Rules of Attraction
Grade : A

Reviewer’s Note: The first chapter of this book builds up to an early surprise some might consider to be a spoiler. If Dodd’s previous work and my word are enough: this is a good book. If not, read on at your own risk, but don’t say you weren’t warned.

Calling all Gothic fans - the last installment in the Governess Bride series is just the ticket for a dark and stormy night. Author Christina Dodd lovingly reinterprets all of the classic Gothic tropes for the modern reader, and in doing so, demonstrates a new facility with her craft that I found utterly captivating.

The book begins in classic Gothic fashion. We meet Hannah Setterington waiting at a desolate railway platform, where her new employer sends a broken-down cart driven by a drunken ruffian to collect her. She learns that The New Master is dark and terrifying; rumor has it that he killed his young wife many years ago.

Hannah meets Lord Raeburn and he is indeed terrifying: dark, roaring, and every inch the Gothic hero. It seems a mixed blessing that Hannah knows at first glance that he can’t possibly have killed his young wife. She’s certain, because she was that young wife.

Dougald Pippard has never forgiven Hannah for her desertion, and he has lured her to his newly inherited castle to have his revenge. As Robin Uncapher pointed out in an At the Back Fence column, classic Gothic heroes often seem less satisfying today because it’s necessary to the structure of the story that the hero’s thoughts remain impenetrable until the last chapters. Dodd takes dead aim at this convention, and from the first we’re allowed to see things from Dougald’s point of view.

And what a bratty point of view it often is, because that’s the theme of the this trilogy - the governess’s charges require considerably less civilizing influence than the Lords of the Manors. In a nice change of pace from the children in the earlier installments, Hannah’s charges are Dougald’s Aunt Spring and her three companions. The four elderly ladies are utterly adorable and a force to be reckoned with.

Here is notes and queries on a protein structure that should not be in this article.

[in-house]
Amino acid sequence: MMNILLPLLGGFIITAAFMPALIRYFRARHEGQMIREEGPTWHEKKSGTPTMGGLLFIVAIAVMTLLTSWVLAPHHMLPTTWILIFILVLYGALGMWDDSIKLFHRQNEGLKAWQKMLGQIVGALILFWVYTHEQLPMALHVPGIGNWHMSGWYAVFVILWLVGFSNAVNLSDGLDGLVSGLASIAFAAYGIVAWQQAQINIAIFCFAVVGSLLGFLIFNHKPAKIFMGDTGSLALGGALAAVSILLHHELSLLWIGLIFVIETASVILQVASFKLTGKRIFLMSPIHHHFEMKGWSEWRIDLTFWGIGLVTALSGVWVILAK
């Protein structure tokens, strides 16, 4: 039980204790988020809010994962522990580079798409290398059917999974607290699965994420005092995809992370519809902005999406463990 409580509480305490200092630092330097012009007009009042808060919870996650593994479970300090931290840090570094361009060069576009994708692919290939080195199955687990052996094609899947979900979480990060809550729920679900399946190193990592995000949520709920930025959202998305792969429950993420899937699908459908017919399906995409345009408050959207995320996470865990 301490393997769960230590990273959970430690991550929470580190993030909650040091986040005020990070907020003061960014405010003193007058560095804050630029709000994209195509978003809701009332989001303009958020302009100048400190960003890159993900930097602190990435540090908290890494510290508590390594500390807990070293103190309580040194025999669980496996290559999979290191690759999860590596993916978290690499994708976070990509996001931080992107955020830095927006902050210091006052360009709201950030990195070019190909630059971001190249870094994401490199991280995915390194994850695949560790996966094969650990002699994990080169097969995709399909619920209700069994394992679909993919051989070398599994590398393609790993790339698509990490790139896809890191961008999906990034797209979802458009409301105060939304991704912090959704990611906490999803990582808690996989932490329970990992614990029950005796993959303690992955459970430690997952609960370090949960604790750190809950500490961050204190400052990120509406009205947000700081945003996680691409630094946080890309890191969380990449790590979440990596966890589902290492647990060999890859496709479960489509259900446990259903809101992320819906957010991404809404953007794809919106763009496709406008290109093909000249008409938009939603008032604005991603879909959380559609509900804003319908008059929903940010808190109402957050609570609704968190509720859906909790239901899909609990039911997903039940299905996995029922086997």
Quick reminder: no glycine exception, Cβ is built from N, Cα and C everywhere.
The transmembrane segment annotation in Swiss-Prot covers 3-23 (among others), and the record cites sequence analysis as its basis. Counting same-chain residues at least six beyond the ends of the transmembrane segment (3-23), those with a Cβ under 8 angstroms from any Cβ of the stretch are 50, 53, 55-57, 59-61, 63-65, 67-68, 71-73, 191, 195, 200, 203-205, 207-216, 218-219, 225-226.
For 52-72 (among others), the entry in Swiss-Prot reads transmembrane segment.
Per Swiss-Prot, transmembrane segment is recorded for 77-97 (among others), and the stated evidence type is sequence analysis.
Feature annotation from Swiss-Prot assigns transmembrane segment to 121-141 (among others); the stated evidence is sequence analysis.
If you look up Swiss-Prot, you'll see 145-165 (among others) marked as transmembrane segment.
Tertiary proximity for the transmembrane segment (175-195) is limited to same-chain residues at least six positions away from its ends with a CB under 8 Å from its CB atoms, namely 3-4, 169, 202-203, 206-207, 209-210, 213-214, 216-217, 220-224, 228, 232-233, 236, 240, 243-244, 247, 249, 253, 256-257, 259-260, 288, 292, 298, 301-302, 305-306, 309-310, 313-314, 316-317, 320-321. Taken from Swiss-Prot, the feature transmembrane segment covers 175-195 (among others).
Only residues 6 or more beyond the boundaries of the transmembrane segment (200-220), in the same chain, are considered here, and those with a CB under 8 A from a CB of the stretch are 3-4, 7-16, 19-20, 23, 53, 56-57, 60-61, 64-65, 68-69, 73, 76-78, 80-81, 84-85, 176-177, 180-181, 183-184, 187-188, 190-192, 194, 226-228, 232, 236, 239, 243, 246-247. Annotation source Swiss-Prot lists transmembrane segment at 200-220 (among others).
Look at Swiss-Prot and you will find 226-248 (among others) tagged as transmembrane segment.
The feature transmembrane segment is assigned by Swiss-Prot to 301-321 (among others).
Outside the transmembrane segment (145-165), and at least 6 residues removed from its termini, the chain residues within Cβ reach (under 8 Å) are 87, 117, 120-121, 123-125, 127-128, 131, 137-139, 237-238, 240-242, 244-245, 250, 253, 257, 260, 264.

The story touches on all the tried-and-true Gothic motifs - desolate towers, eerie family retainers, long-lost heirs, tragic secrets. However, things don’t always go in the traditional way. Imagine if Mr. Rochester stormed into the parlor for the first time, dark and broody and bellowing, and instead of cringing Jane Eyre sized him up, swatted him across the nose with her fan, and told him to behave himself. Hannah is cut from different cloth than the Gothic heroines of the past: she’s older, experienced, and utterly self-reliant.

As engaging as the Gothic elements are, they take a back seat to the intricate characterization. Hannah and Dougald are both marvelously multi-layered characters, and all of the diverse details of their past combine and reinforce each other. At first, it seems unlikely they’ll each be able to bear up under the combined weight of their pasts. Dougald began life as a plain but wealthy Mister, had a rough-and-tumble youth on the docks, lost his mother and had an uncaring father. Hannah is the illegitimate daughter of a housekeeper, who arranged her marriage to Dougald when she was young. Hannah has always distracted herself from misery from throwing herself into work, which was the one thing her inexperienced, resolutely middle-class husband would not allow. Dougald’s conventional values are firmly rooted in his time and in his social class; Hannah is more forward-thinking, but not in ways that make her seem alien to her historical setting. Initially it seems impossible that their characters will really be consistent, but magically, all of the elements fall into place and we come to see how all of these influences have shaped their personalities.

The intricate plotting and characterization are simply marvelous, and I look forward to seeing more in this vein from Christina Dodd. It’s a great pleasure when an author you’ve followed over many years, and already liked, makes such a tremendous advance in her craft. For those who like to see stories with all the cogs and gears of a well-made pocket watch, and for all those with a nostalgia for Gothic tales, I highly recommend this book.

Reviewed by Mary Novak
Grade : A

Sensuality: Hot

Review Date : April 2, 2001

Publication Date: 2001

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